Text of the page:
Survival strategies

Survival strategies

Features - 2021 // STATE OF THE INDUSTRY // Business Management

CEOs and business pros share methods that may help your business navigate through the next recession.

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September 7, 2021

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Nonprofit small business booster SCORE asked CEOs and business professionals to reveal their strategies to help survive recessions. From standing firm on price to looking for innovation in the market, there are several ways to help your business survive any future recessions and continue to grow your business.

Listening to customers

The pandemic was and is a time of uncertainty and panic. People didn't feel safe for obvious health reasons, but the economy also came crashing down. There was a mass feeling of panic among businesses. We run an insurance company, where our goal is to make people feel protected and safe. We never strayed from our core business and continued to support customers and make them feel safe and taken care of. Listening to our customers and putting in the extra effort to make them feel heard is what got us through the dark months of 2020.
-Vicky Franko, Insura (insura4you.com)

Stick to your core values

Core values exist to help guide the decisions, actions, and behaviors of a company. They’re essential in tough situations because they can help add clarity when the answer isn’t quite clear. For example, one of our core values is “Bias for Action” which has a definition of, “When in doubt, do what you think is right.” Using that core value as a guiding principle helped us do tough things like omitting one month of invoices to support our customers or going remote forever as a company. By defining and sticking to core values during a decision-making process, companies can enjoy a business strategy that is truly unique to who they are.

-Brett Farmiloe, Markitors (markitors.com)

Reach out to existing clients

When recessions hit, the best way for a business to survive is to lean into its existing client base. Target the customers you haven't heard from in a while through email marketing and other methods. Create loyalty programs such as a points card or offer seasonal discounts for popular products.

-Tim Mitchum, WinPro Pet (winpropet.com)

Maintaining business agility

Learning when and where to pivot has been a great tool in staying positive amongst the madness. Pivoting, in essence, is the ability to make a sharp and assured move when you are at a turning point. If you want to be successful, you have to accept that not everything you think up will work; not every idea you have is actually bright. Last year felt like a year of dead ends but keeping in mind that I can always go in another direction and reach a better outcome kept me going.

-Roy Ferman, Seek Capital (seekcapital.com)

Standing firm on your price

At the risk of sounding harsh, we survived the economic problems of the pandemic by staying firm on our pricing. Many people asked us to give discounts due to the pandemic. We didn't know who was on the level or just trying to take advantage of an opportunity to get a discount, so we didn't discount our prices.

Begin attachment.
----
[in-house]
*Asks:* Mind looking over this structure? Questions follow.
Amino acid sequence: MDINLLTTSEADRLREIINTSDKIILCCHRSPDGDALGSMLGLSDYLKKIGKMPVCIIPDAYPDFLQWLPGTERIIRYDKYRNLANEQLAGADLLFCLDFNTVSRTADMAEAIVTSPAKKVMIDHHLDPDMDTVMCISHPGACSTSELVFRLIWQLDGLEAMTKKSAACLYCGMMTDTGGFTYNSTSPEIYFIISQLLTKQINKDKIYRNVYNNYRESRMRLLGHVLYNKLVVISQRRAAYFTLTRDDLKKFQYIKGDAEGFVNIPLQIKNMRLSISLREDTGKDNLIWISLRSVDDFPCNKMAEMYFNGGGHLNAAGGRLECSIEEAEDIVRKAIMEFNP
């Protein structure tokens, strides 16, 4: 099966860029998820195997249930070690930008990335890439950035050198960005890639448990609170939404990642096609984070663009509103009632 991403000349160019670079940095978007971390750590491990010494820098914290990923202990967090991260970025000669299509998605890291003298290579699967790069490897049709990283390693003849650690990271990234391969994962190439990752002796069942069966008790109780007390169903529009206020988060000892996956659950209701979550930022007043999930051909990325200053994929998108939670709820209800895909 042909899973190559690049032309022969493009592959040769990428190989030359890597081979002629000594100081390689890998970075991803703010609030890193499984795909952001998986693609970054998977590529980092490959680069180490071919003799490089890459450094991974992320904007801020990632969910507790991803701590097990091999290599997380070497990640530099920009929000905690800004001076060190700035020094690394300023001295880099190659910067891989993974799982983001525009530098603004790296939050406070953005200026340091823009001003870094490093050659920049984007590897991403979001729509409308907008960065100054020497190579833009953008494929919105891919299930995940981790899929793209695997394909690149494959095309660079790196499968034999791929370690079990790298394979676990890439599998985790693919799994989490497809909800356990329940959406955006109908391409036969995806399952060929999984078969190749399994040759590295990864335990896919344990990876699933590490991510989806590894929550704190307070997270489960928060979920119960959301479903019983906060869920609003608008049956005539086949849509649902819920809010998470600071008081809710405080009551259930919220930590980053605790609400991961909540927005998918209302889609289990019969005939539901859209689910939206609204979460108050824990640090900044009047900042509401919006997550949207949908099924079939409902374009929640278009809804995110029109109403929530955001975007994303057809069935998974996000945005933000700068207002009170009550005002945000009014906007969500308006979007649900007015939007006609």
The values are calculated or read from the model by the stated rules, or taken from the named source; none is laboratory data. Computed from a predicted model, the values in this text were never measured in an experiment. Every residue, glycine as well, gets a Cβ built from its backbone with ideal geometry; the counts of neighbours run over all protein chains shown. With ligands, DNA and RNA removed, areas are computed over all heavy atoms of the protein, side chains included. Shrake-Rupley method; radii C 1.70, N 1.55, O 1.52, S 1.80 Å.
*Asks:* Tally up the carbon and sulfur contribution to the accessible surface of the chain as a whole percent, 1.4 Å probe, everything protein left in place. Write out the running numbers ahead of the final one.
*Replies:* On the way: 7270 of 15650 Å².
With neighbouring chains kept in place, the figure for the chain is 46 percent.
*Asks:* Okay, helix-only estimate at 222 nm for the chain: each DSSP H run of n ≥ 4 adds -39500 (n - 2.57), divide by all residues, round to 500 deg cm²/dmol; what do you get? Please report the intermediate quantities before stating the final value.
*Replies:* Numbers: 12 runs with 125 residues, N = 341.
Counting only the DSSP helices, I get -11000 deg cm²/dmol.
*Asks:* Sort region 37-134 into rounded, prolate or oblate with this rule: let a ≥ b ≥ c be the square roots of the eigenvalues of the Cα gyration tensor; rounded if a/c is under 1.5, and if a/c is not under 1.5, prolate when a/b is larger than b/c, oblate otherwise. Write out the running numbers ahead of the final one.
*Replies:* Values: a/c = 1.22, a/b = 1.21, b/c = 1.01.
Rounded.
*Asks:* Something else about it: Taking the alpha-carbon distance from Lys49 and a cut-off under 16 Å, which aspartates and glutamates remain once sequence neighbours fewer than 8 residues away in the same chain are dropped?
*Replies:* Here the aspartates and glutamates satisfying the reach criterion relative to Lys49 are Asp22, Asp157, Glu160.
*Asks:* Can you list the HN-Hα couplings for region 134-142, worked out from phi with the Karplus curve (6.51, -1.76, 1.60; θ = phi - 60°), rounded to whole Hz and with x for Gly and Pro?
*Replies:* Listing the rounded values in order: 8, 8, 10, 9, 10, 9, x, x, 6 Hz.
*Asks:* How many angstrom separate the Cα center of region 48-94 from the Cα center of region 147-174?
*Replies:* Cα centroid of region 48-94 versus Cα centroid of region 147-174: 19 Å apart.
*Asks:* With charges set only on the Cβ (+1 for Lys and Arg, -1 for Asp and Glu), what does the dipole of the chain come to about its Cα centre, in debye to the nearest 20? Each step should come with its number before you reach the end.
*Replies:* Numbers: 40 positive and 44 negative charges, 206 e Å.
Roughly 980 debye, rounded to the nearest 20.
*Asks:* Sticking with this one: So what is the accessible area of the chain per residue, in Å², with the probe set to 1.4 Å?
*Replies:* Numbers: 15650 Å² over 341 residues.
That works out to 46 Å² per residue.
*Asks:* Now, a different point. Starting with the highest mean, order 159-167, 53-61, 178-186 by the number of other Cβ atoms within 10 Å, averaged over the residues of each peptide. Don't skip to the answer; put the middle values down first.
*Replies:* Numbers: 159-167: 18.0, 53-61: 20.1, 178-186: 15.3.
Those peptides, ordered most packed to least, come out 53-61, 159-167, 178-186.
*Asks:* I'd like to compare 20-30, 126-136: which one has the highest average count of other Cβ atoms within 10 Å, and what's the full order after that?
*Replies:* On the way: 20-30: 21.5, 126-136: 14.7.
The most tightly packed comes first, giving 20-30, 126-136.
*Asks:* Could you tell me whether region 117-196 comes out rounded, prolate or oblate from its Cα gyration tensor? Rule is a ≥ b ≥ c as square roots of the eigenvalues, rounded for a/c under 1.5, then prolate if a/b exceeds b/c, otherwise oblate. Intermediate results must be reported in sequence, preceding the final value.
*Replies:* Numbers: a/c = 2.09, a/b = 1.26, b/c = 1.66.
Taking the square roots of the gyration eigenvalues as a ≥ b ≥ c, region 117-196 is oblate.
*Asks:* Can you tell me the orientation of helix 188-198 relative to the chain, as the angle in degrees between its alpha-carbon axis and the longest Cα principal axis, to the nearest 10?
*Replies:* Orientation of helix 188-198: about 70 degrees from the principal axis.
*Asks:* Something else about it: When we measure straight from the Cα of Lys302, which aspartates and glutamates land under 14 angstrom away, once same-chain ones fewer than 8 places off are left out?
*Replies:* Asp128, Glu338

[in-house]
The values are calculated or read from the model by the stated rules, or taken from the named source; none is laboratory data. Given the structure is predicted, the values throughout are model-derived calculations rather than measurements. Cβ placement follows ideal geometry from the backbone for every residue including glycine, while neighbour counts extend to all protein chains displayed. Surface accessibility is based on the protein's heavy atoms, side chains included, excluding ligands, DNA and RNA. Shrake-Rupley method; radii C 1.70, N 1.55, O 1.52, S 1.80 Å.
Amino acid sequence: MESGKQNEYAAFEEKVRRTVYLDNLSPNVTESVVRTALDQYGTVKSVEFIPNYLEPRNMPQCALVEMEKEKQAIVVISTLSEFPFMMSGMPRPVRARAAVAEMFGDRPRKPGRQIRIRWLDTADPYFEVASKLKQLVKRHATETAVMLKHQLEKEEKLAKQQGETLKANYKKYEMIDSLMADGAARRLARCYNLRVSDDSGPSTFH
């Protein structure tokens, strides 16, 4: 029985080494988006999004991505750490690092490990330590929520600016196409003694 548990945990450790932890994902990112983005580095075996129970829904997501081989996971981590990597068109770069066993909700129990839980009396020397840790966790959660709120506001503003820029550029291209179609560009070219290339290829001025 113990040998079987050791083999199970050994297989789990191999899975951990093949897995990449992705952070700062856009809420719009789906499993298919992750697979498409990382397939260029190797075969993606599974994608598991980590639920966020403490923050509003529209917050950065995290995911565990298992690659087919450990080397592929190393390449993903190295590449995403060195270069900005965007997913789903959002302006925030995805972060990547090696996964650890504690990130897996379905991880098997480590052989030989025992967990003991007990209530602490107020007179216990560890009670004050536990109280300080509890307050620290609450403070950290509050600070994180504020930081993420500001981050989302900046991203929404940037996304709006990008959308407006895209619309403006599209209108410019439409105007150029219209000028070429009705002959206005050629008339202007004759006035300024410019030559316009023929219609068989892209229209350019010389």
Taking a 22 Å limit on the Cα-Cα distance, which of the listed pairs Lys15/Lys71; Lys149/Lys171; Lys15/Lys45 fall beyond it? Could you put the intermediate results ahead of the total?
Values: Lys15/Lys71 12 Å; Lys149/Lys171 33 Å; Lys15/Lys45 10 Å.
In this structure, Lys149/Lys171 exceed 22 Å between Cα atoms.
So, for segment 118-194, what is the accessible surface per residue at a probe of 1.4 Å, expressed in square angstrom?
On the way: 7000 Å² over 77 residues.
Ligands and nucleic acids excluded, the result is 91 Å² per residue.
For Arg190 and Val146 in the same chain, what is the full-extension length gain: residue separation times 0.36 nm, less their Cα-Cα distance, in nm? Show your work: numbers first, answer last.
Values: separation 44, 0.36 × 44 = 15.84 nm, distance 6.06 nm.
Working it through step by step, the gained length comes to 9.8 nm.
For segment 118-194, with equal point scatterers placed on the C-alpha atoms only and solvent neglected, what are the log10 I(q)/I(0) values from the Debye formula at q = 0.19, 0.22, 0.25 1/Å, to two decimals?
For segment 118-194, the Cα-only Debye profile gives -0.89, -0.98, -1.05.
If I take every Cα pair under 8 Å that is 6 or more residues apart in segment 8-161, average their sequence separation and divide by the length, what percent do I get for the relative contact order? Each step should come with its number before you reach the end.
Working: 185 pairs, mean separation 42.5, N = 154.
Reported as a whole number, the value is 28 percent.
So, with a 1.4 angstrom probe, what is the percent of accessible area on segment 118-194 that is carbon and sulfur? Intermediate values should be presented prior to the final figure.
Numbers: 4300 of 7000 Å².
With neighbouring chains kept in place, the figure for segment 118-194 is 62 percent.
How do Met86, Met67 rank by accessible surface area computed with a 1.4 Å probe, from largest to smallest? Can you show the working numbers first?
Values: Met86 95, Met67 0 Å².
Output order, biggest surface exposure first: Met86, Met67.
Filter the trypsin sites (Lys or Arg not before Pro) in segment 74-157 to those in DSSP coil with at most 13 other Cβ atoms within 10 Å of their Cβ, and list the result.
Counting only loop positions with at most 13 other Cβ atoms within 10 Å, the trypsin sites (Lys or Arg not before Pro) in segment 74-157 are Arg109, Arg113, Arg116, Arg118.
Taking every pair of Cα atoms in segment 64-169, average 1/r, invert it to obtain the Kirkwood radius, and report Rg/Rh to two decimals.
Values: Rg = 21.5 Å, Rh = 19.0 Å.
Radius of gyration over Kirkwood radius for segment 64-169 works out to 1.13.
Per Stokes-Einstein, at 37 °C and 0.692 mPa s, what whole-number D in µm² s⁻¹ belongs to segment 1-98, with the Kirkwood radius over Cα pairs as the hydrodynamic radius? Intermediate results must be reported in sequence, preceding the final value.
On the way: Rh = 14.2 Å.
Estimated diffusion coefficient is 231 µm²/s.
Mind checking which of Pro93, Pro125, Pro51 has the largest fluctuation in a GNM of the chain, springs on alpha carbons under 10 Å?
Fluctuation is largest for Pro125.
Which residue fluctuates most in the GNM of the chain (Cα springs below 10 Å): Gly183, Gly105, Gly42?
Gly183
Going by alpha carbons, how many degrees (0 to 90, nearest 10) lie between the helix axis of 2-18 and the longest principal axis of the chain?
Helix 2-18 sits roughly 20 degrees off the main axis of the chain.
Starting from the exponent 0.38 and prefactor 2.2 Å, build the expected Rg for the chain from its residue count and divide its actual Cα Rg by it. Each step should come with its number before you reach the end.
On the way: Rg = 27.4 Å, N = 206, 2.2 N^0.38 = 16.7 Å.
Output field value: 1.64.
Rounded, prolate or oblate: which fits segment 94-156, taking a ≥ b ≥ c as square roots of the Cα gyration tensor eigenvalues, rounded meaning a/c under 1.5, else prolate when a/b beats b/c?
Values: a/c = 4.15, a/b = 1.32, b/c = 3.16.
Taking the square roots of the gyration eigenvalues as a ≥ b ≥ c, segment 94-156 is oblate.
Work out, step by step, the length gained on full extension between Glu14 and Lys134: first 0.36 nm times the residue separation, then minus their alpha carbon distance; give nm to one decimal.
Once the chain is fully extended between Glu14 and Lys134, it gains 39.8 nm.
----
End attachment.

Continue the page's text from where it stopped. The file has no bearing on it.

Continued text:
- Janice Wald, Mostly Blogging Academy (mostlyblogging.com)

Offering prompt customer service

Throughout the pandemic, we've had an unwavering customer-first approach, and that has made all the difference. At our company, we don't just serve our customers. We serve as an extension of their team. We take pride in each customer's brand as if it's our own. Our customers come first no matter what. They know that, and because of that, they stick with us through thick and thin.

- Jessica Wise, HelpSquad (helpsquad.com)

Prioritizing employee’s mental health

Companies have realized that they need to offer mental health benefits for their employees. Although remote work has not been linked to mental health problems, the stress of the pandemic has caused a mental health crisis in the U.S. Benefits like paid flexible hours, mental health days, and adding mental health services to company-provided healthcare plans are the benefits today’s workers need. Mentally healthy workers will be more inspired and productive than those struggling, so providing benefits as part of a business strategy for the future is a win/win for the company and the individual.

-Shaun Price, MitoQ (mitoq.com)
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Looking for innovation in the market

Our company took a hit during the first lockdown, and we were able to survive due to our love for innovation and our amazing team. We were able to launch products that met the moment’s needs, like hand sanitizer, while providing new diet consultations and tips to help our customers take care of their skin during stay-at-home orders. Our employees were also a big help to us, working an extra day every week and volunteering to take ESOPs in place of their salary. We are so grateful to our team for helping us get back on the growth track, stronger than ever. In future crises, we’ll aim to have a similarly innovative spirit—as innovation is one of our core tenants—and to have an equally passionate team around us. We’ve also learned how to create effective work-from-home strategies that will remain in place for some of our remote hires, and we’ve been able to benefit from an increased trust in online healthcare.

-Guna Kakulapati, CureSkin (cureskin.com)

About the author: Brett Farmiloe is the Founder & CEO of Markitors, a digital marketing company that connects small businesses to customers through organic search, markitors.com.

This was used with permission by SCORE.

SCORE, a nonprofit organization, is dedicated to helping small businesses get off the ground, grow and achieve their goals through education and mentorship. www.score.org